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‘Frustrated’ reporters get snippy about White House ‘interview’ with Kagan

By Muriel Kane
Wednesday, May 12, 2010 12:29 EDT
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White House’s ‘slickly-produced interview’ of Supreme Court nominee leads to charges of ‘propaganda’

Every White House does its best to secure a positive spin on the messages it puts out. But where the Bush administration was notorious for its attempts to maintain tight control over the press pool, the Obama administration has shown an inclination to make an end run around the press entirely.

The latest example is the administration’s posting of its own video interview of Supreme Court nominee Elena Kagan on the White House blog, while indicating she would not be available for more formal press interviews. This led CBS News to report somewhat tartly, “While the White House seems to believe the American people deserve to hear from Kagan, it has not made her available to reporters. That prompted some consternation at today’s White House briefing.”

In recent weeks, the tension between the Obama administration and the press has become so apparent that one blogger at The Left Coaster felt a need to push back against it, writing, “The same White House press pool that let the Bush administration use them as a doormat as long as they were given access is now complaining about the Obama administration not giving them access, and hammering them for adverse coverage. … These are the same people who let the Bush administration play them like a drum and let Jeff Gannon and other nuts join their ranks with little uproar because they were afraid of Rove and Ari Fleischer.”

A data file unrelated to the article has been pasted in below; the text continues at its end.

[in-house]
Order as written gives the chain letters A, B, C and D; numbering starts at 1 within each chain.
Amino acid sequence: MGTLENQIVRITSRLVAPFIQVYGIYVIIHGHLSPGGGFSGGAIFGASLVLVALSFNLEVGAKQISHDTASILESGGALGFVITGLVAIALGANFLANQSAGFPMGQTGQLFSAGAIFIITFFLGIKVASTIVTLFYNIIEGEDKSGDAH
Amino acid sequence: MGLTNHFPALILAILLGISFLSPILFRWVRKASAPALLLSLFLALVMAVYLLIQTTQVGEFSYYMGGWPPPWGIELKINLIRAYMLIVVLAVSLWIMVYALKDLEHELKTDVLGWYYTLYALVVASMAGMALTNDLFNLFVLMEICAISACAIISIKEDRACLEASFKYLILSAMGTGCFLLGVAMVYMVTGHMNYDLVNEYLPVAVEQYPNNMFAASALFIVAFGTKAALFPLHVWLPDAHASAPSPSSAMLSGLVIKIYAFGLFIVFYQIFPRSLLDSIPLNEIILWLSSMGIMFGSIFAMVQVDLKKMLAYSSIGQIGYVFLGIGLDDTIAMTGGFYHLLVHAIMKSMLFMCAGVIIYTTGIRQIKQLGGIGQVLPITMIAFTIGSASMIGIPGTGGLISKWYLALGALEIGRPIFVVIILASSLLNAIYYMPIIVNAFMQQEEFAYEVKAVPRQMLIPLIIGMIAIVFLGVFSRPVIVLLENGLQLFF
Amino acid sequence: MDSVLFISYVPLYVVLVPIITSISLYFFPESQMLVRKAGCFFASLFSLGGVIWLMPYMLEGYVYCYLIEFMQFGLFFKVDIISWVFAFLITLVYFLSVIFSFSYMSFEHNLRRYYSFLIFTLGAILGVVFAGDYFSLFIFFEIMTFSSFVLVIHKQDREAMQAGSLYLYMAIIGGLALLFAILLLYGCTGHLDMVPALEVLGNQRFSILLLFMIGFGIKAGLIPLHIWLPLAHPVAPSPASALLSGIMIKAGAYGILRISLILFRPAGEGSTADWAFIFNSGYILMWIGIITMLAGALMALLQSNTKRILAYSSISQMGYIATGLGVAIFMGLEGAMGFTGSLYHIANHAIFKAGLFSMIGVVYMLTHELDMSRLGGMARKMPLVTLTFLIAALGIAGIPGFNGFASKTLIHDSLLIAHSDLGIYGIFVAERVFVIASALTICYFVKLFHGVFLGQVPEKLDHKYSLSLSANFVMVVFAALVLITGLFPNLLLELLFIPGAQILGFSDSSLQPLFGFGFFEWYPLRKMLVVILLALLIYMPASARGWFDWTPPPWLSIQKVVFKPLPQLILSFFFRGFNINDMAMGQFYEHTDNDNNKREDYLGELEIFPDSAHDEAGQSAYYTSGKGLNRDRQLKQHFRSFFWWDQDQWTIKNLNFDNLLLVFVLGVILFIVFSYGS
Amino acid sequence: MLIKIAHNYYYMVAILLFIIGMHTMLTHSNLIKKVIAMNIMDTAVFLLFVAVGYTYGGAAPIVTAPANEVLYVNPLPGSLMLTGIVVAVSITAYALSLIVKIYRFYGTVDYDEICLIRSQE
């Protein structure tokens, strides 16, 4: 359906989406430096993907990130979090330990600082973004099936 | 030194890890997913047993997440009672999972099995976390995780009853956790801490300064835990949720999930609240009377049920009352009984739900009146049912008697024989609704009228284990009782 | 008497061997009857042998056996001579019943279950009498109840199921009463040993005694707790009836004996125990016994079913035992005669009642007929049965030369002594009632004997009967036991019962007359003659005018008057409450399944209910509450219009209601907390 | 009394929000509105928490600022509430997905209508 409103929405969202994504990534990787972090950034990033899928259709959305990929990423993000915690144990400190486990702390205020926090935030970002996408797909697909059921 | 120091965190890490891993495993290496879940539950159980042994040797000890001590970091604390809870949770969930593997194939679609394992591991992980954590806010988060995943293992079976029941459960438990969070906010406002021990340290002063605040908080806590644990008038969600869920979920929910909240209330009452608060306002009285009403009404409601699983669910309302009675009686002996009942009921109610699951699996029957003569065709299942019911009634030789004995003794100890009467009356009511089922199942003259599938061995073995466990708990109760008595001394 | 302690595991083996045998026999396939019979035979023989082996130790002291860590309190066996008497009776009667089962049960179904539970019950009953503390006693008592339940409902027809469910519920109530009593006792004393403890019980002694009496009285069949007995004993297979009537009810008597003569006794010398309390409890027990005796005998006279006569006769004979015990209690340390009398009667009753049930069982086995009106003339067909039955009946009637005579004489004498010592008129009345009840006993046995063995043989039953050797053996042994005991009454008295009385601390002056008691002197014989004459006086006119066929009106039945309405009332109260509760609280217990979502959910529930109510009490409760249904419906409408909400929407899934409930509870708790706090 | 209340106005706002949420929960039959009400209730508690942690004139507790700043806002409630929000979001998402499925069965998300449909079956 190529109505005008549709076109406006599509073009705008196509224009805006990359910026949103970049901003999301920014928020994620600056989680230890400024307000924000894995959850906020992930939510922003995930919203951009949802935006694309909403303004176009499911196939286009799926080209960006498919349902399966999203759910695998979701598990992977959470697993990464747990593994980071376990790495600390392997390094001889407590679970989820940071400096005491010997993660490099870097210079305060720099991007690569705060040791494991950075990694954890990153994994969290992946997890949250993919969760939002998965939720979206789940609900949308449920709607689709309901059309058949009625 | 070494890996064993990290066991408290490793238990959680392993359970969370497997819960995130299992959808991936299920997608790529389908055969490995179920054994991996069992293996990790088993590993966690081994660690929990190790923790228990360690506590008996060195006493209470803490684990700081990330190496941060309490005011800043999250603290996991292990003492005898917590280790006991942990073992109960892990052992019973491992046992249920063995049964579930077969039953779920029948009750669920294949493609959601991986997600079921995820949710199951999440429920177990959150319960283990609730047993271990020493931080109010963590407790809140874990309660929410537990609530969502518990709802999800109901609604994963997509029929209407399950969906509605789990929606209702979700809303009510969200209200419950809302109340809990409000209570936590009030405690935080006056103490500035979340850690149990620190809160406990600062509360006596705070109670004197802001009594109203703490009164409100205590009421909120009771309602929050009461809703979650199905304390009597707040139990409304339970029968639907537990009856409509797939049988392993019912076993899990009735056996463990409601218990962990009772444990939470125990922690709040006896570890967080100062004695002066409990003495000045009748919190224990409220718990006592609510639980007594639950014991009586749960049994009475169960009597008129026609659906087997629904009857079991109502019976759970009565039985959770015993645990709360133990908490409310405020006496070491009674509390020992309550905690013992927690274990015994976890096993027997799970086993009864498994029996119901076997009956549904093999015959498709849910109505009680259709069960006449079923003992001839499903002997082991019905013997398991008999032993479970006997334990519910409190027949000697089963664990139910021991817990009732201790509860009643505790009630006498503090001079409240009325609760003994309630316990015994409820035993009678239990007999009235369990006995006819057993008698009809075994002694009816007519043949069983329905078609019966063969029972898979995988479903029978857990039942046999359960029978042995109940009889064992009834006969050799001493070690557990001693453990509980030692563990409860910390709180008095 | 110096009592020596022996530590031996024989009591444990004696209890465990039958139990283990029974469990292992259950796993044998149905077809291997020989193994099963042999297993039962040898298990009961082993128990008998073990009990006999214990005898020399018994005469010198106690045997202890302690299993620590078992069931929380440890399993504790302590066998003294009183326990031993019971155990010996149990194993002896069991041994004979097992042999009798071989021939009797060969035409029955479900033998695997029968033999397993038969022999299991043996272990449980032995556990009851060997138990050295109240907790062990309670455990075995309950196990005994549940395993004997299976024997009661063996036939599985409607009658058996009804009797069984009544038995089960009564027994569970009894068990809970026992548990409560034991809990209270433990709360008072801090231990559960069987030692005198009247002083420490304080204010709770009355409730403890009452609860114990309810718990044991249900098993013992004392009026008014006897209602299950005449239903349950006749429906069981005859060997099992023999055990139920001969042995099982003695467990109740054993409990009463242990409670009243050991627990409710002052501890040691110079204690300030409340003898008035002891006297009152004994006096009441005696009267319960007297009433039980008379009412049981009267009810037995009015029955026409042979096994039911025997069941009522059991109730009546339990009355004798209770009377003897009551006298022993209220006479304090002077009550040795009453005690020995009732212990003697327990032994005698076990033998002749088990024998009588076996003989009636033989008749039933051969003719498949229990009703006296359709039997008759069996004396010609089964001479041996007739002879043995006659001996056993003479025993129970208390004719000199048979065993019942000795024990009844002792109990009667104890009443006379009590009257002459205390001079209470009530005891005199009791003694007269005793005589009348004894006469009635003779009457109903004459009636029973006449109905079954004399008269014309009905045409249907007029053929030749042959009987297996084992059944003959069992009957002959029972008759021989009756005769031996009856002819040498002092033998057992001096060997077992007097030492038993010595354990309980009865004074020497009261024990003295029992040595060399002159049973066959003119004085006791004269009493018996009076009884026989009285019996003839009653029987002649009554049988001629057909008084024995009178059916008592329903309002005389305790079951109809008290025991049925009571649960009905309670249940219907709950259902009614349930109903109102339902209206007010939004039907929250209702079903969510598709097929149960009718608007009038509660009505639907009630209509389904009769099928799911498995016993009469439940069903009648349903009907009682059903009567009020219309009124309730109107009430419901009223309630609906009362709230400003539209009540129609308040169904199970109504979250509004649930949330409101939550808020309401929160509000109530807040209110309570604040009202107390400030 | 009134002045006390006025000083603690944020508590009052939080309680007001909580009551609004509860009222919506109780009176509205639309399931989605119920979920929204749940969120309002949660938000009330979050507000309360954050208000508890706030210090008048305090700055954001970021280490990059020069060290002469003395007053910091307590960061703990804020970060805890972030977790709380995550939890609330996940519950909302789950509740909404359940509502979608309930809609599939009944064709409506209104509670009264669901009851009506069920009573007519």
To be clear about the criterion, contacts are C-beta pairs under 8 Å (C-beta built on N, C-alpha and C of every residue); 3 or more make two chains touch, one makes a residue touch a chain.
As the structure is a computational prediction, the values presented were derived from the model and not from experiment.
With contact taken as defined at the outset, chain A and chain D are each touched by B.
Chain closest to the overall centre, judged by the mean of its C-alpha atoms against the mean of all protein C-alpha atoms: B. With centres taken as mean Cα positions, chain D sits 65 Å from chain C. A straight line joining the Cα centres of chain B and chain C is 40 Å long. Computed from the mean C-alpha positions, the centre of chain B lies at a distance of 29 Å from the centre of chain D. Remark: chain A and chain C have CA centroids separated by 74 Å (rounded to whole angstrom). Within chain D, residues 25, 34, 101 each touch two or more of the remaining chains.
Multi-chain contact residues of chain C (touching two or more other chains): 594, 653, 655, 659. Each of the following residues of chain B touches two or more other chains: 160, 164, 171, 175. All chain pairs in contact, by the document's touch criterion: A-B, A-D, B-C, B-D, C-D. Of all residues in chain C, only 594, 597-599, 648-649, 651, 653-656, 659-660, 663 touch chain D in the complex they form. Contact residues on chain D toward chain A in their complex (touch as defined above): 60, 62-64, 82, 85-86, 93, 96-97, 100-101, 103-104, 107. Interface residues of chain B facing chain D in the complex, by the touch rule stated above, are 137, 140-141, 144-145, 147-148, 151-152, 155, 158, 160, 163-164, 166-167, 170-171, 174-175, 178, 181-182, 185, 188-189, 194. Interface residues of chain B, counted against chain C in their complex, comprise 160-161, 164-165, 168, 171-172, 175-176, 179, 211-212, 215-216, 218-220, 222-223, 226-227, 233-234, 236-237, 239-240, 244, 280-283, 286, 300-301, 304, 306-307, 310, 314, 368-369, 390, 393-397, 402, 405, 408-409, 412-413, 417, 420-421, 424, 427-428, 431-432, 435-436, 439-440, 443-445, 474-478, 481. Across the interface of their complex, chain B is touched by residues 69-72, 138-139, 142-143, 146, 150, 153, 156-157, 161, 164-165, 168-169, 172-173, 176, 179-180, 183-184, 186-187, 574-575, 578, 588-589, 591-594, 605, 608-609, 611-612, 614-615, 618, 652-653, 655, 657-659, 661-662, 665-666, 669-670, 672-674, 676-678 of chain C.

The Kagan matter, however, is potentially more serious than last month’s complaints about Obama ditching the press pool to attend his daughter’s soccer game. The latest fuss began when reporters learned on Tuesday that the White House had posted on its own website an interview, conducted by its official videographer Arun Chaudhary, in which Kagan spoke about her childhood, family, and career.

As described by Mediaite, “From a PR standpoint, the short (3 min 22 sec), slickly-produced interview is a triumph, showcasing Kagan’s personality in a milieu of graceful camera changes and stylishly floating stills. … Journalistically, you could argue that Kagan’s feet weren’t actually held to the fire here, or even a warm pair of slippers.”

According to CBS, at Tuesday’s press briefing, one reporter asked Press Secretary Robert Gibbs,”Who did the interview? And can I have one?” After Gibbs replied that the interview was on the White House website, the reporter asked a second time if Kagan would like to do another interview and Gibbs replied, “She’s not told me that, no.”

“Tell her we’re deeply frustrated,” the reporter commented.

The CBS story did acknowledge that “it seems to be unprecedented for the nominee to be heard from at all before the confirmation hearings, other than in the initial introduction and in brief photo ops with senators.” It noted, however, that the in-house interview represents a fresh example of “the Obama administration’s policy of regularly using new media tools to go around traditional media.”